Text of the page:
South County residents get 100 percent of their drinking water from local groundwater sources. The Santa Clara Valley Water District knows how critical it is to keep this key source reliable. A new project under way in Morgan Hill will help do just that.
Earlier this year, the water district broke ground on the Main Avenue and Madrone Pipeline Restoration Project. The project will install 2.7 miles of raw (untreated) water pipeline. When completed, the project will allow us to replenish our groundwater basin in South Santa Clara County with water from Anderson Reservoir via the Main Avenue percolation ponds and Madrone Channel. The water district is working to ensure a reliable water supply no matter what extreme weather the changing climate brings.
The pipeline portion that will be replaced was originally built in 1955. Over the years, the pipe has deteriorated. Restoring the damaged segment will allow us to improve our groundwater refilling operations. Using water from local water sources helps ensure our water supply meets future needs.
The project also improves district green efforts by reducing our carbon footprint. Currently, these ponds are refilled with imported water pumped through the Pacheco Pumping Plant from the San Luis Reservoir, nearly 40 miles away. When completed, the Main/Madrone project will save energy and lessen operating costs by reducing the need to pump water all the way from San Luis.
Construction began in February and will happen in three phases to minimize impacts to the community. Approximately 2,200 linear feet of pipeline have been installed as part of the first phase. This consists of pipeline installation along Cochrane Road from the Anderson Reservoir outlet. In addition to restoring the damaged pipelines, the project will improve our capacity to refill ponds by replacing them with larger diameter ones—in some cases, more than double the size.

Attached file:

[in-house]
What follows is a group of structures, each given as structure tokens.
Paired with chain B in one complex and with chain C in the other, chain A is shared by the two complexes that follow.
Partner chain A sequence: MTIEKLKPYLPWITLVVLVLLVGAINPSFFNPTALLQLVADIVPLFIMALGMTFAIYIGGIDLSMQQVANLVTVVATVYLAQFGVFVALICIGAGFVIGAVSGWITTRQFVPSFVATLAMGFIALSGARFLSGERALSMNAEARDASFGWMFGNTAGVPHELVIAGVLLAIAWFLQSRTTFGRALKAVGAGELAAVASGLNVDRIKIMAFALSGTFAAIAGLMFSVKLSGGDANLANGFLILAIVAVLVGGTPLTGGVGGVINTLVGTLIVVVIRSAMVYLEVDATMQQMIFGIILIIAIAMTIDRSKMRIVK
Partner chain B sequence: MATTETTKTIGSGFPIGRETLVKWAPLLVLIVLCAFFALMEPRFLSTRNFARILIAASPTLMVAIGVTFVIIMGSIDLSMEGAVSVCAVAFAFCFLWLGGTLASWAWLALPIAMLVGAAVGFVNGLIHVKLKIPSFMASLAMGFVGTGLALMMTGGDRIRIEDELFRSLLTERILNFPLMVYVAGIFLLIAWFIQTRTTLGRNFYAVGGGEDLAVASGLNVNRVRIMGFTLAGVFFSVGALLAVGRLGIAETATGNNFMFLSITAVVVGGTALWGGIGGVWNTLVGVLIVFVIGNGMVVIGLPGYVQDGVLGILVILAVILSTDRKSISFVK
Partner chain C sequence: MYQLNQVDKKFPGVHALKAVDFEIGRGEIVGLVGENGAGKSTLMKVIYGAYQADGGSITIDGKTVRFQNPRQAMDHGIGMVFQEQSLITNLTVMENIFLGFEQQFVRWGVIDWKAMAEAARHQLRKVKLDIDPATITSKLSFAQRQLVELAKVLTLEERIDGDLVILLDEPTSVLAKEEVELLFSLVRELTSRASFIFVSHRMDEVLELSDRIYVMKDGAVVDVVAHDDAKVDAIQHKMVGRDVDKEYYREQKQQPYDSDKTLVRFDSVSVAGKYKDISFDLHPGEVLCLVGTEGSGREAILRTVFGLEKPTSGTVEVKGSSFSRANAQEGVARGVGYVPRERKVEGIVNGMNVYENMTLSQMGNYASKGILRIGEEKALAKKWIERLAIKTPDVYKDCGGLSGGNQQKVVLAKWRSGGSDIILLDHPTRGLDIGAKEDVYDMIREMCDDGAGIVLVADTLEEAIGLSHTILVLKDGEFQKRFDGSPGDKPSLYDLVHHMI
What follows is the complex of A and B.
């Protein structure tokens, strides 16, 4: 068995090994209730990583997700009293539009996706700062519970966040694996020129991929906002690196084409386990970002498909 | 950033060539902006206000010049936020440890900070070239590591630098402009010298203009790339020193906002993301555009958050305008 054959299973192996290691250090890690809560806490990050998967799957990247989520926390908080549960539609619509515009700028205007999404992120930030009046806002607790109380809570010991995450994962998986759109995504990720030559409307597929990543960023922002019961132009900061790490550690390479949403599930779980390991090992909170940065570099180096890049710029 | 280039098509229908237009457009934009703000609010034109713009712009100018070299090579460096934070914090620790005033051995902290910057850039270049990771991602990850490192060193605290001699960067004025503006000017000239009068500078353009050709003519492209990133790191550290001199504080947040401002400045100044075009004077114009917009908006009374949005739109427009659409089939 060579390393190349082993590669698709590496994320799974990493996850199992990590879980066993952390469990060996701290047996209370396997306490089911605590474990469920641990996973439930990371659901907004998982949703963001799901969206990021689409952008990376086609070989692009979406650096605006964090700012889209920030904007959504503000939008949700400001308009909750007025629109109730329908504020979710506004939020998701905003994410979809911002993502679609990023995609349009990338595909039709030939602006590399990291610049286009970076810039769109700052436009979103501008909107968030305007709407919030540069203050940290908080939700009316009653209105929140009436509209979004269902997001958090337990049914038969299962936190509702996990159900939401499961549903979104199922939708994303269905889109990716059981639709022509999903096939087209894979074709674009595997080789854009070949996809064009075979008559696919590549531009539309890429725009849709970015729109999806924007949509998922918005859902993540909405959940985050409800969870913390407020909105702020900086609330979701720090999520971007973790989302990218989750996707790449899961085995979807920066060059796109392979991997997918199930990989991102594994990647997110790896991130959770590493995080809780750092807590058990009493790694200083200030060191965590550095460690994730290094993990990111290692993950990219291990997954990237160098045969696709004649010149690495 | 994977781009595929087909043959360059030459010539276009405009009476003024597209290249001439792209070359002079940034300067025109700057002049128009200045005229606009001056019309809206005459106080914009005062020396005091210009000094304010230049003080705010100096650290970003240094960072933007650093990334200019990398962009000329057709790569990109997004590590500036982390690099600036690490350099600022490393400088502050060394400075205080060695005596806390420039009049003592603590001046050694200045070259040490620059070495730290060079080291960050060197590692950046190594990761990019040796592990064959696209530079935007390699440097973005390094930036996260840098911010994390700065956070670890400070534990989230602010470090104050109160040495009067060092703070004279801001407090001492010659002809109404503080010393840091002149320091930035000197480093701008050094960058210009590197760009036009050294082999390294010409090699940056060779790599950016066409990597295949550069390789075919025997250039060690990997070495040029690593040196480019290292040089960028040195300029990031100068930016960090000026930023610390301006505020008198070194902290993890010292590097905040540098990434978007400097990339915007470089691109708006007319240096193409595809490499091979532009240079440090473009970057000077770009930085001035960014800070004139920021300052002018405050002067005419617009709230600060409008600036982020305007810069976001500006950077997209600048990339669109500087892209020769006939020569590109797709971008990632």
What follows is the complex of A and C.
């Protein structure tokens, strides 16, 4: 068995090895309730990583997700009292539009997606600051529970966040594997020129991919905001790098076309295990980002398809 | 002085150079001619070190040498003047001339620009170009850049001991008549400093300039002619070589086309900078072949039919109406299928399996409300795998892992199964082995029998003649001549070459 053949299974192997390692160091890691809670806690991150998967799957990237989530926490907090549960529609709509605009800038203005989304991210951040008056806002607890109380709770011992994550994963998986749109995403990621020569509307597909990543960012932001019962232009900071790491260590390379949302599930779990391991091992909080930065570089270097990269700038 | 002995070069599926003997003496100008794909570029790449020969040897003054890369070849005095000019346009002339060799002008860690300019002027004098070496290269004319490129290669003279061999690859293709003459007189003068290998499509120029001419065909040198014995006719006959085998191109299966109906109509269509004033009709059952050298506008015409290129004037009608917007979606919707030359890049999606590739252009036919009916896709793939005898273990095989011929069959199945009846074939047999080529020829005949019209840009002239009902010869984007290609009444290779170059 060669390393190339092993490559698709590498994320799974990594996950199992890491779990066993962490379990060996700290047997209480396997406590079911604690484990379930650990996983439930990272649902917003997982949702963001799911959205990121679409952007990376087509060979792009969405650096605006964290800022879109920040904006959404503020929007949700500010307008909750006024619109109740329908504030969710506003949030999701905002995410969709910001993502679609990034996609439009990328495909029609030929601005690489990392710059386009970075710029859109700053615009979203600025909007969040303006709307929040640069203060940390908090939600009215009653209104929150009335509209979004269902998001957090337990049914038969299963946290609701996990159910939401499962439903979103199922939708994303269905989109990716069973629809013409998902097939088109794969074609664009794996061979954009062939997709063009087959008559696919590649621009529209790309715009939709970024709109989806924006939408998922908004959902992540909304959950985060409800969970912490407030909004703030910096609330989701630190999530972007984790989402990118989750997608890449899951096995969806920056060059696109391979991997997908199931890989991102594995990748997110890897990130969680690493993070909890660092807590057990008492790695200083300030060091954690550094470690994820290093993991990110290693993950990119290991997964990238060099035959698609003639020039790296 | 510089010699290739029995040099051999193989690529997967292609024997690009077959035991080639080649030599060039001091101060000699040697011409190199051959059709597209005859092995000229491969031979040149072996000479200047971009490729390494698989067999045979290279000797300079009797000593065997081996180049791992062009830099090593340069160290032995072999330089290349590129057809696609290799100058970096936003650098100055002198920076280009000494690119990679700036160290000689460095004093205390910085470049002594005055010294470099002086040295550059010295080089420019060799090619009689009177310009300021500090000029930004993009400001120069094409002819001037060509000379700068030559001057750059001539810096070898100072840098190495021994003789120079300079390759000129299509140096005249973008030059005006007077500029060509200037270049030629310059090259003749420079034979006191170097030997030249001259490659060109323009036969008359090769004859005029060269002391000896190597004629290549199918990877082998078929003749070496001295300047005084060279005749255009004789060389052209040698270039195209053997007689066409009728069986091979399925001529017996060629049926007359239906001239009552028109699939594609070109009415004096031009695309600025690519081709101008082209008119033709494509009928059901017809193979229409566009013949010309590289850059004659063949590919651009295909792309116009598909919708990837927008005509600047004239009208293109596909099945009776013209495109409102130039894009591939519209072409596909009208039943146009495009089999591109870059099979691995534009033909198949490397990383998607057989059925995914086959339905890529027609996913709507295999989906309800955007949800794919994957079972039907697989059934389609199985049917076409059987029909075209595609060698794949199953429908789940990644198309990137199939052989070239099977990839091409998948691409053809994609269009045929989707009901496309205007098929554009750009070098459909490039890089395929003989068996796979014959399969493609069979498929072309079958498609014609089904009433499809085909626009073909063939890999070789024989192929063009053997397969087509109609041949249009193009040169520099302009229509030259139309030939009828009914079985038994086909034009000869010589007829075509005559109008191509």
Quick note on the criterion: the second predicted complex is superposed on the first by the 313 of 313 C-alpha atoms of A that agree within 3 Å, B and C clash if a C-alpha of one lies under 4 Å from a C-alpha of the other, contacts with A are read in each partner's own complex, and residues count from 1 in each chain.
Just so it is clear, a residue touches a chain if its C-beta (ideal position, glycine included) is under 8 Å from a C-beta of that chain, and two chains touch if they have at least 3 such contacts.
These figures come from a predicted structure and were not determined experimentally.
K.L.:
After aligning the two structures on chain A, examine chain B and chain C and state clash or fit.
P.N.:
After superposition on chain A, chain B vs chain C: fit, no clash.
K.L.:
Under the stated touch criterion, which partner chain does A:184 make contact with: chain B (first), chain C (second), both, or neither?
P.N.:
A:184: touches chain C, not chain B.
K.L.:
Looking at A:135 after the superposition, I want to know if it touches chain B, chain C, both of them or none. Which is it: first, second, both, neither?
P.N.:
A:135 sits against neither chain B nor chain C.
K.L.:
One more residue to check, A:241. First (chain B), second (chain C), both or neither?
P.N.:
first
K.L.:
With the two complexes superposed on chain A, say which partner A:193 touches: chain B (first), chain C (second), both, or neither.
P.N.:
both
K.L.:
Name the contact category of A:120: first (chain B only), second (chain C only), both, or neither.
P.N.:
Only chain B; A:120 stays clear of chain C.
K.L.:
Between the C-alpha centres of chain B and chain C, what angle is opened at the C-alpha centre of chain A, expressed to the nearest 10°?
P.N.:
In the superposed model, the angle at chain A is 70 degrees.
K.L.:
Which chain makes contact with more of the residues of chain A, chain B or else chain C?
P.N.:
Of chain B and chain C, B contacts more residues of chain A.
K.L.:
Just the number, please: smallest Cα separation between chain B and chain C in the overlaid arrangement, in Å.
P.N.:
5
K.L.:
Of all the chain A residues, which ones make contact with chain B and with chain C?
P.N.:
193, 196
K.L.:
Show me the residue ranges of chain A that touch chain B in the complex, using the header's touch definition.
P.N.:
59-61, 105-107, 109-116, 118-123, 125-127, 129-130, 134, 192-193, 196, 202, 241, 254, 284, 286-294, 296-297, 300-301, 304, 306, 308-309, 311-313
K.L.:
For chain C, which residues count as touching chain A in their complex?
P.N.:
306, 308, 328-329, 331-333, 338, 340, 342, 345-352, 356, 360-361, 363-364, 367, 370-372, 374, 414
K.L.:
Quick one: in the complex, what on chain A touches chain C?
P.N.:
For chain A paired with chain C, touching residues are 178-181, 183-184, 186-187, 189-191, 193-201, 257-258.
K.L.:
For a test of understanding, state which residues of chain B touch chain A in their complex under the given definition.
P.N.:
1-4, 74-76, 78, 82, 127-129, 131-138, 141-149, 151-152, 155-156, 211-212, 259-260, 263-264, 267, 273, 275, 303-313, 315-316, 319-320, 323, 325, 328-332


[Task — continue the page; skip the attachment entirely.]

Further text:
The Main Avenue and Madrone Pipeline Restoration Project is just one of 61 capital projects the water district has in store to maintain and preserve our critical infrastructure.
Throughout our country, the roads, bridges, airports and pipeline systems that support everyday life need maintenance. According to the American Society of Civil Engineers, most of the nation’s water systems have been in operation for 75 to 100 years, far exceeding their intended lifespans. The average age of water pipelines in Santa Clara County is 40 years, with our oldest pipelines installed in the 1950s. Aware that these are quickly approaching the end of their lifespan, the water district is investing in maintaining and restoring these critical pieces of infrastructure.
Learn more about the district’s projects capital projects by following our news blog at valleywater.news.org. You can also get the latest on the Main Avenue and Madrone Pipeline Restoration Project by signing up for construction updates at: http://bit.ly/2i1kmwl.
John Varela represents District 1, which includes South County, on the Santa Clara Valley Water District Board of Directors. This column was submitted on behalf of the Santa Clara Valley Water District. Varela can be reached by email at [email protected]